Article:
But upon just having heard a universal prohibition on divorce, no one would assume that Jesus had a mainstream clause allowing remarriage for some kinds of divorce.  Turkel's cries of "context" work against him.  BECAUSE Jesus was known to depart from the mainstream in this and other areas, when asked about divorce, if he omits something to which others agree, no one would assume that he has unspoken mainstream views.  Turkel argues at length that the mainstream Jewish views were well-known.  So everyone would have known that Jesus was not mainstream, and no one would have made any assumptions about exception clauses.  Turkel fails again.


F.    Since the Pharisees asked Jesus whether divorce is allowed at all, the Pharisees were clearly making no assumptions about Jesus' views or they would not have asked a question so basic.  If the Pharisees ask Jesus whether divorce is legal, and he answers that old laws permitted it but now it should not be allowed, it is the height of absurdity to claim, as Turkel does, that everyone would assume that Jesus endorsed divorce and remarriage under some conditions.


Turkel responds:

This is still the same argument restated yet another way, and it cannot be compared, as Krueger does it, to modern legal atomizing and immigration law. As usual Krueger is too enthnocentric to comprehend the vast differences between a pre-literate/high-context and a literate/low-context society, and how they would each approach explanations of the law.



This is no rebuttal.  Since the Pharisees themselves know that Jesus' views are radical in some areas, they ask WHETHER divorce is permitted, not WHEN it is permitted.  They are making no assumptions about his views on divorce, and this explains why they ask such a basic question.  If the Pharisees had assumed that Jesus allowed divorce, then the reverse would have been the case: they would have asked WHEN divorce is permitted, not WHETHER it is.  At one point Turkel insists that the reverse is the case, which is patent nonsense.  Turkel's response leaves their question inexplicable where my view explains it.  The Pharisees would not have asked a question more basic than what they already (allegedly) assumed to be the case.  So Turkel fails to rebut my point.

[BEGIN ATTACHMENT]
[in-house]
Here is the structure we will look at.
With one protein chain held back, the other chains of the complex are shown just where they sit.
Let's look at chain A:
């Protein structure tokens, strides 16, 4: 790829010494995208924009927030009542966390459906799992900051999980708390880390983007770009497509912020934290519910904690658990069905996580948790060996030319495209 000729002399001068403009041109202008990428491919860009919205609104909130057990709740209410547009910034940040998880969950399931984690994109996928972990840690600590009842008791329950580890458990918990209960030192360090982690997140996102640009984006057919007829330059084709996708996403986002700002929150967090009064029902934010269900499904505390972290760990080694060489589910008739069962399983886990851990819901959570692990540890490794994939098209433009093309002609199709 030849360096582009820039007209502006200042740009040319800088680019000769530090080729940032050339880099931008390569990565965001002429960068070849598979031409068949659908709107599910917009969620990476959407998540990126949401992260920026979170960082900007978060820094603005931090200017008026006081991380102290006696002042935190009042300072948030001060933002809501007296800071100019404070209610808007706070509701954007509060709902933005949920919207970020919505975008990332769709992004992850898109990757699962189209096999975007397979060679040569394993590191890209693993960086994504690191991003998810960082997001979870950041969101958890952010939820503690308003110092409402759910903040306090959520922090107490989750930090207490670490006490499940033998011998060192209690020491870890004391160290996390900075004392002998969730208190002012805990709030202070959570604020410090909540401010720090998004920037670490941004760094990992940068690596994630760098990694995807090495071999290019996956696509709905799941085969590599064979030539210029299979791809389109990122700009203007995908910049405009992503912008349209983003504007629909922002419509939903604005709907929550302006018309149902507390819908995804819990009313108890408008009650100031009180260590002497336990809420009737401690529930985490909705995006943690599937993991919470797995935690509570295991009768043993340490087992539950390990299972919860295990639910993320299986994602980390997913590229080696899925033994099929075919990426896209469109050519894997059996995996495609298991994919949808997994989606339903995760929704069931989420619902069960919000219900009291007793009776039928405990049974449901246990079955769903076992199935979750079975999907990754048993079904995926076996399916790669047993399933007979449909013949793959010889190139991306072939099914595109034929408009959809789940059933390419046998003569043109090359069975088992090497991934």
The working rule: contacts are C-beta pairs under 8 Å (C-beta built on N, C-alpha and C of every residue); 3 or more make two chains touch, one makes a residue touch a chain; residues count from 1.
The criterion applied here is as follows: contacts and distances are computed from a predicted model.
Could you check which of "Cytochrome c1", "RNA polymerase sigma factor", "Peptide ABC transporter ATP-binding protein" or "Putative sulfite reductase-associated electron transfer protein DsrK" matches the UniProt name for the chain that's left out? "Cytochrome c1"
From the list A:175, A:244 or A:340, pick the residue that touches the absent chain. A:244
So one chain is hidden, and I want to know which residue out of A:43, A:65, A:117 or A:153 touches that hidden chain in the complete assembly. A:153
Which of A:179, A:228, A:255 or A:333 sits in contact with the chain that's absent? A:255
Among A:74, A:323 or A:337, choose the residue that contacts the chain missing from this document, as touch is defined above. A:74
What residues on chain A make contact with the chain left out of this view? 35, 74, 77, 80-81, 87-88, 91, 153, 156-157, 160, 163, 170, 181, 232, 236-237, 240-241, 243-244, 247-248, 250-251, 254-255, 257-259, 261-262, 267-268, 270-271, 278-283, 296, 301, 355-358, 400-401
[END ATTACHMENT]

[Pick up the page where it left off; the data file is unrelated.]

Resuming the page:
G. That the Pharisees ask Jesus whether divorce is legal suggests that they either suspect (correctly!) that he does not allow it because they have heard news about his views, or they have heard of other wandering preachers who do have such a prohibition and are concerned that Jesus may have such a view.  In either case, the fact that they seem to suspect that Jesus' views are not mainstream suggests that they would not have made assumptions contrary to their suspicions.  And they, and the audience, would not assume that his views on divorce are mainstream.


Turkel's response:

It suggests no such thing; they are, as we have shown and which Krueger fails to answer other than by bald and simple re-assertion of the same arguments restated 5,837,847 different ways, determining where he stands in the Hillel-Shammai debate.



Nonsense.  If they wanted to see when Jesus allowed divorce, as if to see which side of the Pharisee debate he was on, they would not have asked whether divorce is allowed, but when it is allowed.  The question they ask is evidence that Turkel is wrong (see previous point).  Turkel can't see that, and so his point fails.